Table of Contents Author Guidelines Submit a Manuscript
Mathematical Problems in Engineering
Volume 2014, Article ID 760458, 10 pages
http://dx.doi.org/10.1155/2014/760458
Research Article

A Time-Efficient Solution to the General Resource Placement Problem in Cloud

College of Information Science and Engineering, Henan University of Technology, Zhengzhou 450001, China

Received 13 April 2014; Revised 7 August 2014; Accepted 21 August 2014; Published 29 September 2014

Academic Editor: Chengjin Zhang

Copyright © 2014 Wei Wei et al. This is an open access article distributed under the Creative Commons Attribution License, which permits unrestricted use, distribution, and reproduction in any medium, provided the original work is properly cited.

Abstract

Cloud based large-scale online services are faced with regionally distributed stochastic demands for various resources. With multiple regional cloud data centers, a crucial problem that needs to be settled is how to properly place resources to satisfy massive stochastic demands from many different regions. For the general stochastic demands oriented cross region resource placement problem, the time complexity of existing optimal algorithm is linear to total amount of resources and thus may be inefficient when dealing with a large number of resources. To end this, we propose an efficient algorithm, named discrete function based unbound resource placement (D-URP). Experiments show that in scenarios with general settings, D-URP can averagely achieve at least 97% revenue of optimal solution, with reducing time by three orders of magnitude. Moreover, due to the generality of problem setting, it can be extended to get efficient solution for a broad range of similar problems under various scenarios with different constraints. Therefore, D-URP can be used as an effective supplement to existing algorithm under time-tense scheduling scenarios with large number of resources.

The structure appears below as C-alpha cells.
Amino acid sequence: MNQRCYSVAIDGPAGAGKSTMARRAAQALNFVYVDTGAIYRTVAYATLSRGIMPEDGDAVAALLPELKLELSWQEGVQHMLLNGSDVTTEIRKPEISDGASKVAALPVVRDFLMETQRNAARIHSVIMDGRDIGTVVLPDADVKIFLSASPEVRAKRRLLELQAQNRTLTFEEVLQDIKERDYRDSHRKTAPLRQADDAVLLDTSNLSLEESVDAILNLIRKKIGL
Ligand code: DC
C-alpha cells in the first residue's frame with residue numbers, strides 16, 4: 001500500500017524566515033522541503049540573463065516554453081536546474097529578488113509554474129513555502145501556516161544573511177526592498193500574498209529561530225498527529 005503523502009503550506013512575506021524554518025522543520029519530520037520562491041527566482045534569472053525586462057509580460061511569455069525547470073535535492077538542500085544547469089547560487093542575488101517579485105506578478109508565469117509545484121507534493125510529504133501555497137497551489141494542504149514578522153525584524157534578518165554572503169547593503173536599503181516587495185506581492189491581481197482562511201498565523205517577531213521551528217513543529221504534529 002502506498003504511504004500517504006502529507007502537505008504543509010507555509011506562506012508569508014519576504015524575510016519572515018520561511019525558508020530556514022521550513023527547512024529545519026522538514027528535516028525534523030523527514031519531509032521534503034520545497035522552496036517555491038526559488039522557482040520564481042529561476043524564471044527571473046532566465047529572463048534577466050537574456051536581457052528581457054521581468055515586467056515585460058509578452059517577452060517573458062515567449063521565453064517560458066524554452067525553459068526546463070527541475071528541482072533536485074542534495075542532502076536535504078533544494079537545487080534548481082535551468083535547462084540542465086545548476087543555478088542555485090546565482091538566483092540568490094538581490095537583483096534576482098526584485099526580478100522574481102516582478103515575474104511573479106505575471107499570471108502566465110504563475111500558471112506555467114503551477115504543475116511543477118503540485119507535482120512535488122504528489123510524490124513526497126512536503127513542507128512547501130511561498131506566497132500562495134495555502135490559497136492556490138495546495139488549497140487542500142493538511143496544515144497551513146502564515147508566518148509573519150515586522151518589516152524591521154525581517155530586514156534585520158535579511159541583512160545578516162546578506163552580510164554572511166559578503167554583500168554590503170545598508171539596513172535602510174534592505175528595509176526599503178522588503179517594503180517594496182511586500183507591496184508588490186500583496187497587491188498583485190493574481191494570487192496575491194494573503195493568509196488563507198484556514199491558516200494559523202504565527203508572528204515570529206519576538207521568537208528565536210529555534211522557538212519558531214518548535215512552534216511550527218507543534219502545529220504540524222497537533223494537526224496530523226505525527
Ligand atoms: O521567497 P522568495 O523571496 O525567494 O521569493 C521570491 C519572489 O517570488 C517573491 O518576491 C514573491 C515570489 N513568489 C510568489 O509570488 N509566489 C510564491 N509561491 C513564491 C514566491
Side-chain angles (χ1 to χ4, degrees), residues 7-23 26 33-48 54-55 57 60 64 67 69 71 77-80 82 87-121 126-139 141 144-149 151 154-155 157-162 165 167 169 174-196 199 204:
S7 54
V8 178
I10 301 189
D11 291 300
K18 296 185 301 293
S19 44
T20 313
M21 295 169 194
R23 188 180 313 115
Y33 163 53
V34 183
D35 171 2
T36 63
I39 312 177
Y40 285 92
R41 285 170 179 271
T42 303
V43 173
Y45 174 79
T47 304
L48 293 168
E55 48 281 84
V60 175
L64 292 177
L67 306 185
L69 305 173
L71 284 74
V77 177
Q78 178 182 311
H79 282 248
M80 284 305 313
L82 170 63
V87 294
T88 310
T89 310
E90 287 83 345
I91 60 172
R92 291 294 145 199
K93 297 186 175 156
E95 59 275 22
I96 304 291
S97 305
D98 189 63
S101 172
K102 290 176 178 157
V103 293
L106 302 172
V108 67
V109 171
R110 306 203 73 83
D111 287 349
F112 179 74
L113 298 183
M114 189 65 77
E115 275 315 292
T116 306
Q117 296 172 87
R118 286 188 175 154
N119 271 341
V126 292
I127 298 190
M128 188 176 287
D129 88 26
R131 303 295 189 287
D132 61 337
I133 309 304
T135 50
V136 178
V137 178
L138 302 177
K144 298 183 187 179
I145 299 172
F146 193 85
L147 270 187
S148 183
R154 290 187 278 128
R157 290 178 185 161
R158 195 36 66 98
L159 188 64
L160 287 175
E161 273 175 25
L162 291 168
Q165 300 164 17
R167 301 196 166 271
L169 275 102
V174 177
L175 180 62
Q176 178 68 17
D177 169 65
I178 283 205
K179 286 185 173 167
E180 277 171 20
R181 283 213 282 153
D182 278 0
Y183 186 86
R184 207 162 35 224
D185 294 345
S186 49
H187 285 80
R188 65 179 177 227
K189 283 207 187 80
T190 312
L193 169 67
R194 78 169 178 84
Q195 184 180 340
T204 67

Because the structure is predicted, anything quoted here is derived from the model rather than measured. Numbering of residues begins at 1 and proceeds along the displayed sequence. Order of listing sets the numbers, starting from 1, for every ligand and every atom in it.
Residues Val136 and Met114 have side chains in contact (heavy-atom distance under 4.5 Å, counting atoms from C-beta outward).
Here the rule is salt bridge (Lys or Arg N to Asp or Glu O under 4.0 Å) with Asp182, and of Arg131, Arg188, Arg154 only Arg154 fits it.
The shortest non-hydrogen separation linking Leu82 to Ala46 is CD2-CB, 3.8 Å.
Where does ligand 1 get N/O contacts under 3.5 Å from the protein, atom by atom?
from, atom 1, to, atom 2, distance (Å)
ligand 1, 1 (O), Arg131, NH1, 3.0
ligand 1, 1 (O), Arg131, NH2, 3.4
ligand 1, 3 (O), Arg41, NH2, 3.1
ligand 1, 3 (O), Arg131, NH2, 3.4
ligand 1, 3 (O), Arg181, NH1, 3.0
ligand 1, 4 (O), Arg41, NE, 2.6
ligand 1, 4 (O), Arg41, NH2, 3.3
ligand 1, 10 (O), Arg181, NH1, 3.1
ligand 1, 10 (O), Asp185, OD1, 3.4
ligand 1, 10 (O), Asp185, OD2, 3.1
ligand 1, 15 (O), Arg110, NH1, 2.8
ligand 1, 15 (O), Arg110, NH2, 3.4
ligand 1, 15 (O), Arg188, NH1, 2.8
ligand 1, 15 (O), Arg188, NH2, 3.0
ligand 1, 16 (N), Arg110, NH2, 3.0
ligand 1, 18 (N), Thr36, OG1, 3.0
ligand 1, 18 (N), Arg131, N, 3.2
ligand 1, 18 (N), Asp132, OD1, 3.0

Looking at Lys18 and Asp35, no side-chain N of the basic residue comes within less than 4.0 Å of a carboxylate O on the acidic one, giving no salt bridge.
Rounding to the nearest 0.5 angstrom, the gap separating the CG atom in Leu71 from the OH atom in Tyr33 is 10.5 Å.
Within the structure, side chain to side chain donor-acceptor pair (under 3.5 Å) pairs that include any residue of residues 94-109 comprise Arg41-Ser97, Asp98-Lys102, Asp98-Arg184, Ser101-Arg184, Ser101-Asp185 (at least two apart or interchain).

1. Introduction

Large-scale online services (such as YouTube [1] and Facebook [2]) often face highly dynamic user demands from distributed physical locations. A proper online service can leverage cloud computing to lower cost and serve more users. Based on typical cloud platform like [3, 4], the target of resource scheduling in large-scale online services can be viewed as placing given resources at geographically dispersed data centers and serving as many demands as possible. For a specific request, one prefers to be served in local data center rather than in remote one. This is most obviously because the locality of data centers needs to be considered to guarantee QoS (quality of service). Moreover, under scenarios like online scheduling, a relative high response time is often a must, and it is essential to recompute placement quickly and efficiently to handle high dynamic demands with time. Therefore, how to minimize operation cost and to find optimal placement efficiently in such scheduling scenarios is an impending need to meet in cloud platform.

For instance, the cloud based content distribution network can be viewed as an example that falls under above paradigm, where a number of geographically dispersed cloud data centers are selected to be close to end users. Under this scenario, user’s requests are preferred to be served by a local data center, and service provider would like to predistribute content replicas at each data center so as to meet as much content demand as possible in the most efficient way. Another example is cloud based media streaming, in which service provider faces the problem of where to place virtual machine instances, so as to satisfy time-varying bandwidth demands from users spreading across various geographical regions.

In above paradigm, online services are faced with stochastic demands which are represented by demand distribution for each resource type in each region. Since we do not suppose stochastic demands to follow a specific distribution, a variety of scenarios can be covered: demands with various patterns and distributions, for example, realistic demand patterns, extracted from a large number of traces in production servers [5], which contains several different kinds of variability, autocorrelation, and periodicity. Demands that vary across data centers, as in [6], and demands in different data centers may be correlated with each other. Demands vary across resources; for example, the demands change significantly across channels in media streaming services like YouTube [7].